According to Judith, collaborating with chefs and hospitality designers is both inspiring and rewarding, but it's not for everyone. "Chefs love having the opportunity to have the creative latitude that they have with a potter, and it's become somewhat of a trend for high-end chefs to be able to commission an artist to do their tabletop. But it's rare for them to find someone who can do it well. Pottery that's used in restaurants and other hospitality settings has to be sturdy and durable, and it has to meet all of the standards for food safety. We haven't met many other potters who are willing to go through the due diligence required to make sure their pottery can be used in that environment," she says.
Rather than tackle the testing themselves, Earthborn Studios partnered with a large tabletop manufacturer in England to carefully evaluate characteristics such as glaze fit, thermal shock resistance, chip resistance, body vitrification and food safety. The artists also continued to improve their clay body-primarily a red cone 8 body that enhances Earthborn's rich glazes and also hides small chips that might occur through regular use-to ensure that the pieces would withstand industrial dishwashers, microwaves and ovens (if placed in a cool oven and brought to temperature). Their efforts have paid off through continued new orders.
In addition to having a beautiful, durable, food-safe product, one other element has played into Earthborn Studio's favor. As a certified member of the Women's Business Enterprise National Council (WEBNC), Earthborn has an advantage when bidding on some projects to larger corporations. "There are tax incentives for purchasing from diverse groups, such as women-owned businesses," explains Tena. "Being certified as a women-owned business makes it easier for companies to decide to buy from us."
For many chefs and designers, however, Earthborn's WEBNC status is undoubtedly just an added perk, if it's even a consideration. The beauty and timelessness of Earthborn's pottery, combined with the artists' customized approach, lends a highly desirable aspect to this age-old craft. Each commissioned line is a unique blend of wheel-thrown and freeform designs, carefully fashioned to satisfy both functional and aesthetic demands. Although the work is challenging, it's also fulfilling.
Of course, some concessions will undoubtedly have to be made along the way as the company continues to grow. For example, to help increase the volume of pieces moving through the studio, Earthborn Studios recently purchased a used 40-ton hydraulic press from Mohr Corp., Brighton, Mich. But Tena insists that even this is just a "helping hand."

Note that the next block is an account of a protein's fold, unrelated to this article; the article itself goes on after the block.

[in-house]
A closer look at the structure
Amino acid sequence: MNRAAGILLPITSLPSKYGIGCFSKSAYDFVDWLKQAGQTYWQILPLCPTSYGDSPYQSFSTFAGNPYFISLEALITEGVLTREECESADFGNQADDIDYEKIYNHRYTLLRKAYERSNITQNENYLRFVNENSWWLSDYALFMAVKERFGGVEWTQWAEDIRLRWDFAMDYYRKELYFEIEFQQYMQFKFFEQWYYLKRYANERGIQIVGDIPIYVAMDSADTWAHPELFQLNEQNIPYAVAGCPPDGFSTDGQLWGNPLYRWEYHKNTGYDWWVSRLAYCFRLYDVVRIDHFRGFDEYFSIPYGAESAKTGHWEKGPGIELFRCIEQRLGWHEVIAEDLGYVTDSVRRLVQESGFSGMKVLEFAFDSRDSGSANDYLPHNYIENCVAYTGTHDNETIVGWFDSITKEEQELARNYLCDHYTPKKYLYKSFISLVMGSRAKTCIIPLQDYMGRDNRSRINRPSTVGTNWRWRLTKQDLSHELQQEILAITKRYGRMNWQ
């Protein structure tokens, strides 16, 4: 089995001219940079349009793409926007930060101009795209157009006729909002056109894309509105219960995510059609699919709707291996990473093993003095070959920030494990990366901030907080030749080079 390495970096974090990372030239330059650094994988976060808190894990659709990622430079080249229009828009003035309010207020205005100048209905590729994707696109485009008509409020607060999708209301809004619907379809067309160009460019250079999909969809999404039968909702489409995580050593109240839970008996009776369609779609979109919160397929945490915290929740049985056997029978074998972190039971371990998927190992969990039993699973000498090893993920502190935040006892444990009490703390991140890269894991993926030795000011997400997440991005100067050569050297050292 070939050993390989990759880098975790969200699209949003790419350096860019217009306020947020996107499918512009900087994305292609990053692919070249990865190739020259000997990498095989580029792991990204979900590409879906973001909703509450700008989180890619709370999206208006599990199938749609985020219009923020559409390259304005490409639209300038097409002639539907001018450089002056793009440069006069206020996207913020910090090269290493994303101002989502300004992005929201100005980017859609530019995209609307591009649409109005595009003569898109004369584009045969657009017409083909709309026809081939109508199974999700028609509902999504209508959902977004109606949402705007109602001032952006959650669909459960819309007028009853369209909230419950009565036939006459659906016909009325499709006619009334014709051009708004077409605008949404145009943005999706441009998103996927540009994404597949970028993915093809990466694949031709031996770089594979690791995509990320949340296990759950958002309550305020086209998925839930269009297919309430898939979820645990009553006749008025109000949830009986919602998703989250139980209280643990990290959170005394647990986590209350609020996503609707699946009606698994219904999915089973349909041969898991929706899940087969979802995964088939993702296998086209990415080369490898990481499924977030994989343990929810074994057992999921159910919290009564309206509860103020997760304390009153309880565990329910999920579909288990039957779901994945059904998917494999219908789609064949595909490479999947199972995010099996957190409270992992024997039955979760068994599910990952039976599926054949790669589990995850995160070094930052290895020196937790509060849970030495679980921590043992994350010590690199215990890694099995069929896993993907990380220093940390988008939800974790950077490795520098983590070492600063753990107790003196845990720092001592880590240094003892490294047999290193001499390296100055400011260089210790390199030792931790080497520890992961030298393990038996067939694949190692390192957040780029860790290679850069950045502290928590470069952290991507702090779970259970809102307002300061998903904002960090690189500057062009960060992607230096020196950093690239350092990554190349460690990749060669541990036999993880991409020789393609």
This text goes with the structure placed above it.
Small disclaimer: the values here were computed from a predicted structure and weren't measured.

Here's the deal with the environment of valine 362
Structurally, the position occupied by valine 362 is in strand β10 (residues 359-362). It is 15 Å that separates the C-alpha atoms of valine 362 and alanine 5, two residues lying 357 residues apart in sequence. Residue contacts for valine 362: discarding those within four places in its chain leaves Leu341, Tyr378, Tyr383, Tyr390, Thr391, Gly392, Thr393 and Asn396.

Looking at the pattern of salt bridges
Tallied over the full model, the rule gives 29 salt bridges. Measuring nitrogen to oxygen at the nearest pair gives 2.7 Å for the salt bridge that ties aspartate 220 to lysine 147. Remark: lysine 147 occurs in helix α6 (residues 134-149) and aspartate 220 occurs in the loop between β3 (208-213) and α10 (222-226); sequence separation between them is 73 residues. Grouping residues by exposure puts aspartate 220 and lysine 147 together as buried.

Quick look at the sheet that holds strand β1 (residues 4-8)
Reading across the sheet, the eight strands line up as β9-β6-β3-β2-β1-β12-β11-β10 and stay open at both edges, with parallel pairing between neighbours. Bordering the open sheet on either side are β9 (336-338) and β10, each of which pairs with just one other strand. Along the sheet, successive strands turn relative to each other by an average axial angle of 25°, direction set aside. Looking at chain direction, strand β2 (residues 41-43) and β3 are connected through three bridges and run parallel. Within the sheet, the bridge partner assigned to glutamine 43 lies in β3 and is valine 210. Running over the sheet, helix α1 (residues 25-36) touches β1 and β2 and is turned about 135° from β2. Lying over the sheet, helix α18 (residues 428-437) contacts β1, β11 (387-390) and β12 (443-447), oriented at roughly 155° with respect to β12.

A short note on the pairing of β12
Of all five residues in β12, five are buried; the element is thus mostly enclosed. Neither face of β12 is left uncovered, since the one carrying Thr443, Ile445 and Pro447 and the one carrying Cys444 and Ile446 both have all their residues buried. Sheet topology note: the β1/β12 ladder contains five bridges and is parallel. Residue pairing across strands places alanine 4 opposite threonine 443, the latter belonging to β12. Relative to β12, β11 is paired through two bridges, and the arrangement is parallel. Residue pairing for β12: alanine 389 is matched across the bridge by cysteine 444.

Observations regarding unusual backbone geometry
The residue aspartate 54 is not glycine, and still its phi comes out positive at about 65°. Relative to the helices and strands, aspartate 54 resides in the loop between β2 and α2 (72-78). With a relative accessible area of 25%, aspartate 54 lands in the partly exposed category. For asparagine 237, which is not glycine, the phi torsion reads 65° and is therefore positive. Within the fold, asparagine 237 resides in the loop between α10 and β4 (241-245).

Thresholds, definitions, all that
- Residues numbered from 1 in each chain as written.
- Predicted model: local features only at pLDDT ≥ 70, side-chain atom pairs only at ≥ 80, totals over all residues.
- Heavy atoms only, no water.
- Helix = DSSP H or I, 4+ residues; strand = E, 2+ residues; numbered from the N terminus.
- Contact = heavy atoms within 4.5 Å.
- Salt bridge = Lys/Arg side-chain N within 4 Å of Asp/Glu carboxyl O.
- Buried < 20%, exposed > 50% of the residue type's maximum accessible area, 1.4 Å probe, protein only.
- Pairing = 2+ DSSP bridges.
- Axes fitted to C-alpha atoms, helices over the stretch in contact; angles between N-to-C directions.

"It's just a piece of machinery that can give us more muscle. When the clay comes off the press, we will still alter it by hand to ensure that each piece is unique. We're planning the pieces so that pressing is only one part of the forming process; each piece will go through other stages before it's finished," Tena says.
Tena also hopes to establish exclusive wholesale accounts with caterers, who would rent the work out for upscale dinner parties and events. But ultimately, for Tena and the other artists at Earthborn Studios, the work is all about sharing their dreams and inspiration with others.
"The Earthborn Studios artists are also all 'foodies' and enjoy the commonalities shared with the chefs for whom we design," notes Judith. "Raw material is taken from the earth to be carefully formed and formulated, subjected to the right time and temperature for baking, then placed on the table to be enjoyed. Mixers, baker's racks, oven mitts, rolling pins and measuring cups are tools of a potter as well as a chef.
"As in the high culinary arts, the art of clay is expressive but exacting. We follow traditions that have been passed down by potters for centuries. For the most part, the processes we use are pre-Industrial Revolution, requiring artists' eyes and strong hands. Earthborn Studios is a small band of artists who are living a dream and bringing it to life in pottery to inspire and nourish the lives of others."
Editor's note: All photos in this article are by Ted Tucker (http://www.tedtucker.com ).
For more information about Earthborn Studios, including links to Hot & Hot Fish Club and the Bellagio Las Vegas, contact the company at 5520 Rex Ridge Rd., Leeds, AL 35094; (205) 956-5849; fax (205) 956-6671; e-mail email@example.com ; or visit http://www.earthbornpottery.net .
"I was one of those kids who had a bunch of extra energy and didn't know where to put it. When I saw the clay moving in his hands, I was hooked," she says.
As she became first a successful artist, then a production potter, Tena has invested a significant amount of time and energy into making sure that other young people have the same opportunity to experience the pleasure of creating an object. In 1990-91, as president of Alabama Designer/ Craftsmen (AD/C, Alabama's largest non-profit craft organization), she designed and implemented the launch of the Community Outreach Program, in which artists are paid by AD/C to go into school systems and demonstrate their craft. She also served as AD/C president in 1991-92, 1993-94, and 2001-02, and has held positions as standards chair, art show and sale chair, gallery show coordinator, newsletter editor, workshop chair and grant writer for the organization over the years. In February 2003, Tena coordinated the 18th Annual Alabama Clay Conference, which drew together 325 participants in Hoover, Ala., to interact in various aspects of clay and production methods. And she continues to look for other ways to serve.
"I've had so much pleasure in this work-I want to give as much as possible back to the community," she says.